Quicksilver's voice is done by Richard Cox.


This Saturday's episode of Static Shock on Kids' WB!, "Sons of the Fathers," deals with the subject of racism.

In the episode, written by Static Shock story editor Chris Simmons, Virgil finally convinces Richie to let him hang at Richey's house, where he discovers that Richie's father is racist. Meanwhile, after Static has captured Talon, a revenge-minded Ebon discovers that Richie has ties to Static and captures him.

Kids' WB! has heavily promoted the episode, sending preview tapes to the mainstream press.

"First of all, two big thank yous to Warner Bros. Animation and Kids' WB for being so enthusiastic and supportive about this episode, from its initial conception all the way through the finished product," Simmons told The Continuum.

"Anytime you wish to tackle a delicate, hot-button issue like racism within the fabric of a series, especially a Saturday morning cartoon show where your primary focus is to entertain your audience and have fun, you run the risk of violating your prime directive. But the inherent nature of Static Shock's makeup lent itself perfectly to exploring the issue of racism.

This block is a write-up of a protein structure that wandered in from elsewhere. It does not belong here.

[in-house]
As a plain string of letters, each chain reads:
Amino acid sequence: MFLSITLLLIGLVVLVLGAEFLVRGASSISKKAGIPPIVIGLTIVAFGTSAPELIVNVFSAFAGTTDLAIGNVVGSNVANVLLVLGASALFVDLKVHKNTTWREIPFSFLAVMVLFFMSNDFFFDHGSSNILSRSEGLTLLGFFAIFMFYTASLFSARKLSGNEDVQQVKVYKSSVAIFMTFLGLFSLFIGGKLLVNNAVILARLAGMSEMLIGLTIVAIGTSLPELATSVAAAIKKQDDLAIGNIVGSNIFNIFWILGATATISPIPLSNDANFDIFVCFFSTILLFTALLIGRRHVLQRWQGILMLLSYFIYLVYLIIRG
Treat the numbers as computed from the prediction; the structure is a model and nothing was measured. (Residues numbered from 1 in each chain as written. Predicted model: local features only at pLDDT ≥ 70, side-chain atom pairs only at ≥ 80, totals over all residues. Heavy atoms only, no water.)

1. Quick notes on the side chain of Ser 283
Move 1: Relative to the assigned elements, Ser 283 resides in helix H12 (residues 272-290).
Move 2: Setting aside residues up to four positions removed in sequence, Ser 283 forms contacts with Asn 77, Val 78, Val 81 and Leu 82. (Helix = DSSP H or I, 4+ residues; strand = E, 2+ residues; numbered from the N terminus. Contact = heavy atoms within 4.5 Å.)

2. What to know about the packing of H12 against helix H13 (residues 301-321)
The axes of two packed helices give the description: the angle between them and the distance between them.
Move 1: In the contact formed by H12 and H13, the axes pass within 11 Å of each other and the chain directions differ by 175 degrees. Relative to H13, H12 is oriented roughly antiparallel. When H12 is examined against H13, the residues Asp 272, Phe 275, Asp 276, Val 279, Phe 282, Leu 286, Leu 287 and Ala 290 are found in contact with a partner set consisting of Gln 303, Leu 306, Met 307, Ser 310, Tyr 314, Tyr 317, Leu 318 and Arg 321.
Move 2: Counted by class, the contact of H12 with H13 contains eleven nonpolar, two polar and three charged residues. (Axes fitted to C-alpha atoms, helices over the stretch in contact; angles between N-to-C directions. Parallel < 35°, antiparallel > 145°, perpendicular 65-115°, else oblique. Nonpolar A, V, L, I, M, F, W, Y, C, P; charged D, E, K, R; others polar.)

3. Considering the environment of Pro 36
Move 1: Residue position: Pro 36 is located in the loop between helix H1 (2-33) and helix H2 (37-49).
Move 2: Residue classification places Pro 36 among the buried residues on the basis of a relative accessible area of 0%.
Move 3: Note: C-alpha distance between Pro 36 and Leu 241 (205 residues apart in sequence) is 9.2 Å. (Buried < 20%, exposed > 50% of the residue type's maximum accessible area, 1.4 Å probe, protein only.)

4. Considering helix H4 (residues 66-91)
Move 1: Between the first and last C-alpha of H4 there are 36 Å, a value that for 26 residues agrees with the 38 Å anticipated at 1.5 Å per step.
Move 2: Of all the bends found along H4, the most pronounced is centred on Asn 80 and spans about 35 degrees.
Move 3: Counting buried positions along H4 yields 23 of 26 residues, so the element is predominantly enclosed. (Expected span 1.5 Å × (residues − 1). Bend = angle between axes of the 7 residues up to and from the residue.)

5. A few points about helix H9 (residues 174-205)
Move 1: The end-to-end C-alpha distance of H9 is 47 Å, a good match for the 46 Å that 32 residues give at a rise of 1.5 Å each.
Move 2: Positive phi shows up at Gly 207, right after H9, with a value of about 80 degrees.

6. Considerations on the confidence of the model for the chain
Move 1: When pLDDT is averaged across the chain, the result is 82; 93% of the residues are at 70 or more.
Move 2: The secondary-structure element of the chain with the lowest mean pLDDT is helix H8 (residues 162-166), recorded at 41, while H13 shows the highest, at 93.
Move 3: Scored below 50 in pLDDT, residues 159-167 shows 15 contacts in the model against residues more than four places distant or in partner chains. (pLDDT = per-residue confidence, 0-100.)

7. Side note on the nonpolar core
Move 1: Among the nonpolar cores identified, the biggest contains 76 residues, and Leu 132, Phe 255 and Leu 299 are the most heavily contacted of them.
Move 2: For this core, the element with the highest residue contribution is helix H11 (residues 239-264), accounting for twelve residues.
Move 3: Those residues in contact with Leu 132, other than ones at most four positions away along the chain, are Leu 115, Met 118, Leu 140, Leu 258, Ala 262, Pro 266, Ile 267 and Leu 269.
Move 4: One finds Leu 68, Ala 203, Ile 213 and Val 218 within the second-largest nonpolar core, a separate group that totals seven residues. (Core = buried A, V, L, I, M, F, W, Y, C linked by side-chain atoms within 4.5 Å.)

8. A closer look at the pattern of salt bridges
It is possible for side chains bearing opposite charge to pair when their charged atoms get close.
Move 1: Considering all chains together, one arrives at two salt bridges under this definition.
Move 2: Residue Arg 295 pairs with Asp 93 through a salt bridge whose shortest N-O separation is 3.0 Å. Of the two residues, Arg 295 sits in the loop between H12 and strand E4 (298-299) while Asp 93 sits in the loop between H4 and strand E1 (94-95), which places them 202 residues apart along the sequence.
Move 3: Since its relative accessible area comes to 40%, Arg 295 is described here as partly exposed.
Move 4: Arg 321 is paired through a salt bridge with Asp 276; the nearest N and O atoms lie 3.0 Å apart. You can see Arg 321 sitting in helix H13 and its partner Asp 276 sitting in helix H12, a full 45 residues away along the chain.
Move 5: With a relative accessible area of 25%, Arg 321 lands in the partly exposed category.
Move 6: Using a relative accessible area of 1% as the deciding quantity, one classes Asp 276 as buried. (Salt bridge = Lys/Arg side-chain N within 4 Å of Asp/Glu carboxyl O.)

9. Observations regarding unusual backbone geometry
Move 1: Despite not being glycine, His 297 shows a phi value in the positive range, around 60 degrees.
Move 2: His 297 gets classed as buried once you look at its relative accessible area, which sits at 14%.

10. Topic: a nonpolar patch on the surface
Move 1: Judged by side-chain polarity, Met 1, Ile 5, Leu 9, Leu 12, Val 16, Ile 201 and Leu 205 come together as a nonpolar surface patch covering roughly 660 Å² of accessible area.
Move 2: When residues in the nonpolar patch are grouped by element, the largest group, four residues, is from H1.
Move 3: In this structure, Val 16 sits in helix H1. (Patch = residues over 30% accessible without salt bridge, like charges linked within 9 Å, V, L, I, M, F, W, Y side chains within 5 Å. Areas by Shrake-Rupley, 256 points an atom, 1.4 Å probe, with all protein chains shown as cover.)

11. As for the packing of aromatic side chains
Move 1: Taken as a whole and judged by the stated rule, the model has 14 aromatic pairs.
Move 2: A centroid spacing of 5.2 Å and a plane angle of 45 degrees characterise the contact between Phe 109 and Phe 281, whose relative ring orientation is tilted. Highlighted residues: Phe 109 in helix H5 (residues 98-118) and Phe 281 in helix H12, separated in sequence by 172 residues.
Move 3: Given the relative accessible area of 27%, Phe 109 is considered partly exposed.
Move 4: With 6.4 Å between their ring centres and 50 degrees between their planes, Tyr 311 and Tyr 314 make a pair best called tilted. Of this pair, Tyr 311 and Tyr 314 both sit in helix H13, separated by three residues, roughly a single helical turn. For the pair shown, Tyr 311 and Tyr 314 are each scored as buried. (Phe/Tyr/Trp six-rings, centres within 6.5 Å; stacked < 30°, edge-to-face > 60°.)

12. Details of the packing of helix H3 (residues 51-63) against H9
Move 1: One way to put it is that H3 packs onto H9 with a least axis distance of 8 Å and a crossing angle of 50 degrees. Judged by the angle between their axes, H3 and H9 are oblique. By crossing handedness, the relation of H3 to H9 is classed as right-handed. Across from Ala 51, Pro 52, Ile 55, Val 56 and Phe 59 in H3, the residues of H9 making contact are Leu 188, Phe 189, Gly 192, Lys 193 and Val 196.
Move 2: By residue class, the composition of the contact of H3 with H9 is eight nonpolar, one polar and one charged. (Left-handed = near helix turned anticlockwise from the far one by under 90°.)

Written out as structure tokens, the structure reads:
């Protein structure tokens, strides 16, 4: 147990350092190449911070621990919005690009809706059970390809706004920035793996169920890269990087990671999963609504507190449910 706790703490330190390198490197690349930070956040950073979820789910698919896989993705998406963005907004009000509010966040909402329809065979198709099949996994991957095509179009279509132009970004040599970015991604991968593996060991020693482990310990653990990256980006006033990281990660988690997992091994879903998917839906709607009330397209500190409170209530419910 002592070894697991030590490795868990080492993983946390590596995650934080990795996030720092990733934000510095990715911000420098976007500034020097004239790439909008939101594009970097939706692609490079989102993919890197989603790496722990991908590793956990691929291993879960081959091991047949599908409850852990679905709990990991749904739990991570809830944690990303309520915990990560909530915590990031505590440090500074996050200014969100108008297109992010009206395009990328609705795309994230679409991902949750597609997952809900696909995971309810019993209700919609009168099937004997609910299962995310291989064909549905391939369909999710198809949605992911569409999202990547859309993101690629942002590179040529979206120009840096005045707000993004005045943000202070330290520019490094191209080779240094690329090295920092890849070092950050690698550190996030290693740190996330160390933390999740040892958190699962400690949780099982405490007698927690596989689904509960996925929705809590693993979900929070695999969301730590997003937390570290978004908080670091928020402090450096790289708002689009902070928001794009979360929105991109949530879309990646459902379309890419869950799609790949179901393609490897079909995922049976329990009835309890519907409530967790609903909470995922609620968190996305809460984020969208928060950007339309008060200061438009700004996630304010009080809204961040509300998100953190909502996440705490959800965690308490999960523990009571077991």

"Needless to say, I'm infinitely pleased about how well the episode turned out. There's a wonderful balance between laying out the issue, then dealing with it while staying completely true to the characters and their specific points of view. By the end of the episode, Virgil and Richie's friendship emerges even stronger than ever. And with all that, we still deliver an action-packed, humorous show, as always.

"Dan Lauria, who played the father on The Wonder Years, gives a powerful performance, giving Richie's racist father a depth and dimension that makes the episode further insightful. He is matched perfectly by Kevin Richardson, who voices Robert. Their shared scenes are electric."

Simmons said that Static Shock will not become an "issue of the week" series.

"It is indeed a fun, high-adventure series by definition," Simmons said. "But it is nice to explore important issues from time to time. And based on the response we hope to get from 'Sons of the Fathers,' maybe we'll get a chance to do it again."


Mainframe Entertainment and Studio B Productions on Monday announced their first co-development project intended for television, Surf n Turf, based on a property created by comic-book artists Amanda Conner and Jimmy Palmiotti.

The show, a comedy, will feature multiple segments and multiple styles, blending computer and traditional cel animation.

Here's how Mainframe describes the show: